The scheme requires declaration of undisclosed assets at their fair market value
In what could deter people from declaring black money during the four-month window beginning next month, the tax liability on the declared asset will be on the appreciated value.
Although the government has tried to balance it by extending the capital gains tax benefit when the asset is sold later, it may still create cash flow problems in paying the tax on the appreciated asset within two months of the scheme closing on September 30.
The scheme requires declaration of undisclosed assets at their fair market value on the date of commencement of the scheme, which is June 1, and will be regarded as cost of acquisition of the asset for any subsequent transfer.
For instance, if an asset was bought for Rs 10 lakh (Rs 1 million) a decade ago is valued at Rs 1 crore (Rs 10 million) on June 1, the declarant will have to pay Rs 45 lakh or Rs 4.5 million as tax (Rs 30 lakh or Rs 3 million), penalty (Rs 750,000) and a cess (Rs 750,000).
The person disclosing the asset may not have Rs 45 lakh (Rs 4.5 million) to pay.
“The issue is when a person makes a declaration, he may not have cash to pay taxes on the appreciated value because he has not disposed of the asset.
"Besides, there may not be a ready market for an asset to meet the cash outflow requirement.
"This may keep people away from the scheme,” said Rahul Garg, partner, PwC.
Amarpal Chadha, partner, EY, said, “Most likely, the fair market value of the property on June 1, 2016, will be higher than the cost of acquisition of the property.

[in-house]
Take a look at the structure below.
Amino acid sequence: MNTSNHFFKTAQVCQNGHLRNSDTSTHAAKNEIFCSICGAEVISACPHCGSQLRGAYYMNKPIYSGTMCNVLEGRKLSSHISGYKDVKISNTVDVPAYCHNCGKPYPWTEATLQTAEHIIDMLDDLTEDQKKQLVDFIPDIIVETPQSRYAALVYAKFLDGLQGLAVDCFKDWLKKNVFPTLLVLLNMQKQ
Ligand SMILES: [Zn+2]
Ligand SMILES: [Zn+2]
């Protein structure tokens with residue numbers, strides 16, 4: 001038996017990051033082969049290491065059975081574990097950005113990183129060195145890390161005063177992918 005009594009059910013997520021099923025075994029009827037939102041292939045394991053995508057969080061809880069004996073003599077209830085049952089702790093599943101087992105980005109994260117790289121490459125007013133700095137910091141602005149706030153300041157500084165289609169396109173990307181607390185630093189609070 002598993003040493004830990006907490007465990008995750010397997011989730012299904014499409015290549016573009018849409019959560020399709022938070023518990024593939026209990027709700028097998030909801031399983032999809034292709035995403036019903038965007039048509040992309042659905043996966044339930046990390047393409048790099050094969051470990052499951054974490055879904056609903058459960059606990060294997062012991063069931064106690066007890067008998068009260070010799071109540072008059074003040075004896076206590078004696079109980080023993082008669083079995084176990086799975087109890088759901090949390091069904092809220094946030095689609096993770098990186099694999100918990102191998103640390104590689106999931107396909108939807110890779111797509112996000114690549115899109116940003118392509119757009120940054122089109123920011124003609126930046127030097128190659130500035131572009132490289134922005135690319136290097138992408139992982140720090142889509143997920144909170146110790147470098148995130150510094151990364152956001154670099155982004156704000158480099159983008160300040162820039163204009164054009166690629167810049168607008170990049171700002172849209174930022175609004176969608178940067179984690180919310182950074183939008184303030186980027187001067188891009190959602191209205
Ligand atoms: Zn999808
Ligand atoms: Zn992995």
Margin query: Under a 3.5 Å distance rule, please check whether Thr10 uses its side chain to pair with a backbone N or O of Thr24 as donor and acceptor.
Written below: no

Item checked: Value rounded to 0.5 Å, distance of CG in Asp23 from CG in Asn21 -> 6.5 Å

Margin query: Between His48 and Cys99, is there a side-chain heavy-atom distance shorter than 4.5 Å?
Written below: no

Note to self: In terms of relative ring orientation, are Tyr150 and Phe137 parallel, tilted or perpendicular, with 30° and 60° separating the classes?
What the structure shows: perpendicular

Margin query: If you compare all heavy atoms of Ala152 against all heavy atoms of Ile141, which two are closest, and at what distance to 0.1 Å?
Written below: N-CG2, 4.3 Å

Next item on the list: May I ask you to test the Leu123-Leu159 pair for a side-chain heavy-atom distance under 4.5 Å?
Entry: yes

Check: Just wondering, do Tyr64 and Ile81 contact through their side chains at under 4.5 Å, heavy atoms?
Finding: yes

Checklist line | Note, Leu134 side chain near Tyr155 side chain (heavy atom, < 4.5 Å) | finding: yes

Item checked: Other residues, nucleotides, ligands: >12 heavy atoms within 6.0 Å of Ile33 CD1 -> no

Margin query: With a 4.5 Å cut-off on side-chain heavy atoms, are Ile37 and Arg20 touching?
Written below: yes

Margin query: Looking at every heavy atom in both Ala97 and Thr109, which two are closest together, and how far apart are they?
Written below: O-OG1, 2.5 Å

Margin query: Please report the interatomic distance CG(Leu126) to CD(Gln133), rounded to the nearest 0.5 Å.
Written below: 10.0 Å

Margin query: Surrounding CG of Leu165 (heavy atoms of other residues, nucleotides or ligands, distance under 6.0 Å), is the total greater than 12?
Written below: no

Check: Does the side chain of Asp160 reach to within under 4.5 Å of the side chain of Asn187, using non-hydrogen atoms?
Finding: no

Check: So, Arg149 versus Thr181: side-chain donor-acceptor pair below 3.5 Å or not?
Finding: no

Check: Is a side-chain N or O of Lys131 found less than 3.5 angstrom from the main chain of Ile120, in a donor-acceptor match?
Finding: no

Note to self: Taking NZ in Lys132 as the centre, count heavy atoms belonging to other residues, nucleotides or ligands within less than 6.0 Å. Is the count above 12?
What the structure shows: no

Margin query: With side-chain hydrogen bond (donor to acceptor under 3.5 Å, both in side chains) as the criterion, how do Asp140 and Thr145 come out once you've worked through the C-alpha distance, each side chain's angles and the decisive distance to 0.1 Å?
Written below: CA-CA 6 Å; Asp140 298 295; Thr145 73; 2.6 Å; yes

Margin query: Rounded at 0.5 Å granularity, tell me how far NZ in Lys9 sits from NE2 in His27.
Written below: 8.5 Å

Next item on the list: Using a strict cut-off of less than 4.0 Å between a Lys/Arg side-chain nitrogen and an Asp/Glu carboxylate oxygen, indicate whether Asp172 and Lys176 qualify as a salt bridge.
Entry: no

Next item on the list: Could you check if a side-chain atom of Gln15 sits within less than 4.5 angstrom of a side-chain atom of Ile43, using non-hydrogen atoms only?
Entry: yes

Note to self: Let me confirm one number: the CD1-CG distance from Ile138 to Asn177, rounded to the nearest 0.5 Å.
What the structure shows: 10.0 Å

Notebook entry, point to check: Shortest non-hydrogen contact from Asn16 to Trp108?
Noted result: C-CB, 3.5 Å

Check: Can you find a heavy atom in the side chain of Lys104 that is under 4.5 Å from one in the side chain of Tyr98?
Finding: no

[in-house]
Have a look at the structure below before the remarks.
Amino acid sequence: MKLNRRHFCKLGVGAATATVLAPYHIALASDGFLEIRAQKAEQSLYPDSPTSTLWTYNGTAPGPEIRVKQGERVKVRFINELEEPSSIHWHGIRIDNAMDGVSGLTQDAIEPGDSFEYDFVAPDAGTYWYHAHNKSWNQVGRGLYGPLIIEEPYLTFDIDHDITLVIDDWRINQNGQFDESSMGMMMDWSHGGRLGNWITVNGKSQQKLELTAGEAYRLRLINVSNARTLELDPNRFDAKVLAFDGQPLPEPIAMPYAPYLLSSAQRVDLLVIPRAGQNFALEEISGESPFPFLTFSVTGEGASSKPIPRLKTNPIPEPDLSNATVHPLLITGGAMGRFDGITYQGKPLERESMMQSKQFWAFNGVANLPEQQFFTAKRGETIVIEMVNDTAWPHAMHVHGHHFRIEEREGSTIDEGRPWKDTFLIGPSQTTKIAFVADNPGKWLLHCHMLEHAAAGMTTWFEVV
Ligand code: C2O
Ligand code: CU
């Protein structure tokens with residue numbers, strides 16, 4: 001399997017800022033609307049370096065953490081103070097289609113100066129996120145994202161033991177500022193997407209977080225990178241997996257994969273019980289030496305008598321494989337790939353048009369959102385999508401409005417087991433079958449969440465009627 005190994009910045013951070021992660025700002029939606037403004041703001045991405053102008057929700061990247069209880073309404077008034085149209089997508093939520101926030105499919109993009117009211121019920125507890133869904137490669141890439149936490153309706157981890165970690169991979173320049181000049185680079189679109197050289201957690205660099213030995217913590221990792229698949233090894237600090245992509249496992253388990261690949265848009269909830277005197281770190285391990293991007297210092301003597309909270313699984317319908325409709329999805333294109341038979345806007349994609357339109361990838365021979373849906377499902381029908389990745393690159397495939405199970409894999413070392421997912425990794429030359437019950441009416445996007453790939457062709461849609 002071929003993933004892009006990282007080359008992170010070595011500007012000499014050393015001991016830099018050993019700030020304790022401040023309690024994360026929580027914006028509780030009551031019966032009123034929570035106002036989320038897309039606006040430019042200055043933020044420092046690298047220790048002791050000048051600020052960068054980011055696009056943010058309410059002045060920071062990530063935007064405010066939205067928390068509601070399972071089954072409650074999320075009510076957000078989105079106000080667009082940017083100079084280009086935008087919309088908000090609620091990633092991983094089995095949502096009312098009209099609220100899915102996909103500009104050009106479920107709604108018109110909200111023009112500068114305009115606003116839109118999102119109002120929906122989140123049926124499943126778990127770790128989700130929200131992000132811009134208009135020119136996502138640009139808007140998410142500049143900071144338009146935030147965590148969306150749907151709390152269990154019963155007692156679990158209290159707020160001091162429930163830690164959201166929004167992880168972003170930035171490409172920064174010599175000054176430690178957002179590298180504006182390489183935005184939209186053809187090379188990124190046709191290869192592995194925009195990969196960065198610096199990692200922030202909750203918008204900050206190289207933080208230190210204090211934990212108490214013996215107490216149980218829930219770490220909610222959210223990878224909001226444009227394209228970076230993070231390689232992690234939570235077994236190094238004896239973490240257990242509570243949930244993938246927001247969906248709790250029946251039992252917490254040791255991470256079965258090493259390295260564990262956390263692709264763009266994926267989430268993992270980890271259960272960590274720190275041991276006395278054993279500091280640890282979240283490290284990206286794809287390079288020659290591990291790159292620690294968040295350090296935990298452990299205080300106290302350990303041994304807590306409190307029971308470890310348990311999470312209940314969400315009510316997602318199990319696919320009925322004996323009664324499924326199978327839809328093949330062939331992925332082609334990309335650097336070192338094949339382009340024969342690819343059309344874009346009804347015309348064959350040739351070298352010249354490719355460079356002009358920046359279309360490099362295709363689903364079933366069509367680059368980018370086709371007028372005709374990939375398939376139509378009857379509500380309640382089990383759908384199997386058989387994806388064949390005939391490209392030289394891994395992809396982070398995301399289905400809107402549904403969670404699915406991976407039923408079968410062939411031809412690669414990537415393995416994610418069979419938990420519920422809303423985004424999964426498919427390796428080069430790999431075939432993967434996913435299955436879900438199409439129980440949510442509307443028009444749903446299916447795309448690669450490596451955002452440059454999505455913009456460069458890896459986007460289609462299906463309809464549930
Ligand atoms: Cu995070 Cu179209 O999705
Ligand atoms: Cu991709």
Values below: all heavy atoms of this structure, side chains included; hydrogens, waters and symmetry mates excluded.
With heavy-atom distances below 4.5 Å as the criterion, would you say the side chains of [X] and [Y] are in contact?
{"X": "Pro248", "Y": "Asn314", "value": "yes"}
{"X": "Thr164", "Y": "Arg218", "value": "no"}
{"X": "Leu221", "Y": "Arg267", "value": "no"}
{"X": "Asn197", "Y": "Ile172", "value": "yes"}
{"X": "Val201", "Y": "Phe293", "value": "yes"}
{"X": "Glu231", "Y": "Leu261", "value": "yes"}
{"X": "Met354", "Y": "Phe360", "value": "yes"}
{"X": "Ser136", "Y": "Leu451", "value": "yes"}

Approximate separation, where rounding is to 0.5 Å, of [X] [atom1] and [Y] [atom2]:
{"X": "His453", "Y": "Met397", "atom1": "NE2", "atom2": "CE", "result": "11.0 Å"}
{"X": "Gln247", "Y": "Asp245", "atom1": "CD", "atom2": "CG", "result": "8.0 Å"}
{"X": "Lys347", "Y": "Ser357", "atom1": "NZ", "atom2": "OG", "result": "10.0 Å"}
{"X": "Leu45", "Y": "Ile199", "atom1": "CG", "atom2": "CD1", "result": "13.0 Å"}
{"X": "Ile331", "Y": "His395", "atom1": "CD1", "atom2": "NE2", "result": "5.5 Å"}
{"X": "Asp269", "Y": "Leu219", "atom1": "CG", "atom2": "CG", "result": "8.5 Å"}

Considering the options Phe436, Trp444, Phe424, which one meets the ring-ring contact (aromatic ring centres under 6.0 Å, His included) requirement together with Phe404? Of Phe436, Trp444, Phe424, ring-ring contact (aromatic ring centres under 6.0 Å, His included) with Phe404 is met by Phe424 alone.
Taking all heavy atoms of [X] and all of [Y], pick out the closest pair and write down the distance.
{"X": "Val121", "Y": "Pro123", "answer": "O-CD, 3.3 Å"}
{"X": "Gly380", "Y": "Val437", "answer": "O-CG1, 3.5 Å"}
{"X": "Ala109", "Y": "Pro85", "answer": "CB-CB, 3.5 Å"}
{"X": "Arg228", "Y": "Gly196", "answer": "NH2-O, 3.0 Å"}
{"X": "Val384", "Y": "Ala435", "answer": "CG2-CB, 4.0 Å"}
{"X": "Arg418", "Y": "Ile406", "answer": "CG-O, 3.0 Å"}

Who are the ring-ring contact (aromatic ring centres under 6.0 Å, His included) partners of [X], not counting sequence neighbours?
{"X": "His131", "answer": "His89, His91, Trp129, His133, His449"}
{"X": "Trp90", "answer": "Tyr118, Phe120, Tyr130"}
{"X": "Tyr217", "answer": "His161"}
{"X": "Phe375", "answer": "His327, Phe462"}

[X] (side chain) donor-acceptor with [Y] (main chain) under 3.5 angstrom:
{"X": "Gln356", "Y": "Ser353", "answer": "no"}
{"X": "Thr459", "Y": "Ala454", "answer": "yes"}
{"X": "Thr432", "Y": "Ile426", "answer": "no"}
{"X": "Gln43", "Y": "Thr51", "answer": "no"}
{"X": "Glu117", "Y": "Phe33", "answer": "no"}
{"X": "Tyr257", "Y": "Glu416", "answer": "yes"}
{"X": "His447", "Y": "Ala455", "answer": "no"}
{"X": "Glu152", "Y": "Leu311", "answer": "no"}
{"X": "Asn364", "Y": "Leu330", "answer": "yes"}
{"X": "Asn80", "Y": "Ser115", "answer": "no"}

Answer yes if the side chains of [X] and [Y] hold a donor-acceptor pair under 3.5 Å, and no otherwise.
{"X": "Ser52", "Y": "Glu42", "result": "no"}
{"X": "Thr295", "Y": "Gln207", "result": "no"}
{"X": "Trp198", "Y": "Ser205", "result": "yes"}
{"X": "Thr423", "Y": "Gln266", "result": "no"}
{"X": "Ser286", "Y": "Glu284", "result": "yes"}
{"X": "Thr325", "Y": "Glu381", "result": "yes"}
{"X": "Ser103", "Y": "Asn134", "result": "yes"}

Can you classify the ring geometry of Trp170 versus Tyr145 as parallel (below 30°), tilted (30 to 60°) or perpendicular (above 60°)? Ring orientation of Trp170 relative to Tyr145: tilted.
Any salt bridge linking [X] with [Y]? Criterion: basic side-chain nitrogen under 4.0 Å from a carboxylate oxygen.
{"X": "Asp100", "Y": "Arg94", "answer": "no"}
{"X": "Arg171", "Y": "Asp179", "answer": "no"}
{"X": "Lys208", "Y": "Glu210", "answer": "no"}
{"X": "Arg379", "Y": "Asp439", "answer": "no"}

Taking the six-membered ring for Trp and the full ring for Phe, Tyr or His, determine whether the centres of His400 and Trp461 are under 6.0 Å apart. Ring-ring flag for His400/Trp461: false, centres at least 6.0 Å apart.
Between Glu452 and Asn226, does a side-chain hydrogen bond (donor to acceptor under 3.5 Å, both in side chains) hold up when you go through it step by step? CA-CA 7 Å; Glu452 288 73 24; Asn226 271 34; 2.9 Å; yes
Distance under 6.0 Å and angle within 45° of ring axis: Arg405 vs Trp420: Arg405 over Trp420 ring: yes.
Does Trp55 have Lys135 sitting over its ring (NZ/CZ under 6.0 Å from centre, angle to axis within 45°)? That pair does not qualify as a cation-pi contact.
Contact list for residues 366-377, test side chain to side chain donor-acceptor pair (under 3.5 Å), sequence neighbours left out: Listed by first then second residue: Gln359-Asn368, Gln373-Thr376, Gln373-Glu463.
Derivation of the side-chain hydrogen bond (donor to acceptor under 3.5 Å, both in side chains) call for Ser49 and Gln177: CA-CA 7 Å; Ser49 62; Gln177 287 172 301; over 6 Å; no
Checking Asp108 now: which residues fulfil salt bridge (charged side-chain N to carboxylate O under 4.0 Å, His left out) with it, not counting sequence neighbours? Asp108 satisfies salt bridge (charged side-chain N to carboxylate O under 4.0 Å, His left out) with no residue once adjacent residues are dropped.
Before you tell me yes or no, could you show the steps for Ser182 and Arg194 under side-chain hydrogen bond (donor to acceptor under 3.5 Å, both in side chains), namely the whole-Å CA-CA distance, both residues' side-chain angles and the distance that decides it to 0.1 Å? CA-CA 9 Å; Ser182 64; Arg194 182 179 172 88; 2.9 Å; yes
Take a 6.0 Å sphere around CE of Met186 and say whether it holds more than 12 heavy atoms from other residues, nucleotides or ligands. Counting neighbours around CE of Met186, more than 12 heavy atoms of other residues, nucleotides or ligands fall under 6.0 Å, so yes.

"This may have an impact on the number of the people making declarations under the scheme.”
“However, given the focus of the revenue authorities on undisclosed income, this is a good opportunity for people to come clean,” added Chadha.
Experts also pointed out the government should allow for deferment of tax payment till the time the asset was sold.
“The income tax law has a provision that provides for postponement of payment of tax when capital assets are converted into stock in trade, said another expert.
Officials in the finance ministry told Business Standard that if a declarant did not have money, he should sell the asset and pay the tax.
“It is a harsh Act.
"It is an opportunity for a person who has undeclared assets to come clean.
"If you do not have cash to pay tax, then liquidate and generate cash flow,” he said.
He added the government had provided a capital gains benefit, where today’s value of an asset on which tax was paid would be offset against capital gains tax on future sale.
On the ambiguity regarding reporting of fair market value of an asset, the official said if a declarant under-reported asset value, he would receive immunity only up to the amount he had paid tax on.
Rakesh Nangia, managing partner, Nangia and Co pointed out the response to the scheme could be lukewarm because the declarant would not gain immunity from indirect taxes.
In the previous Budget, the government had come out with a similar scheme for people with undisclosed assets abroad.
Disclosures were charged with a total tax and penalty of 60 per cent. The exchequer received just Rs 2,428.4 crore (Rs 24.28 billion) in payment from disclosures worth Rs 4,147 crore (Rs 41.47 billion) during a three-month long window that ended September 30, 2015.
FAIR VALUE DEPENDS ON. . .
- Price such jewellery would fetch if sold in the open market on the valuation date
- If value exceeds Rs 50,000, the declarant should get the report of registered valuer in respect of the price it would fetch if sold in the open market on the valuation date
- On the prevailing circle rate on the valuation date
- On price prevailing in the stock market on the valuation date
UNLISTED EQUITY SHARES
- Determined by a merchant banker or an accountant according to the Discounted Free Cash Flow method
Image: A customer counts his cash at the checkout lane of a Walmart store in the Porter Ranch section of Los Angeles. Photograph: Kevork Djansezian/Reuters. The image is used for representational purpose only.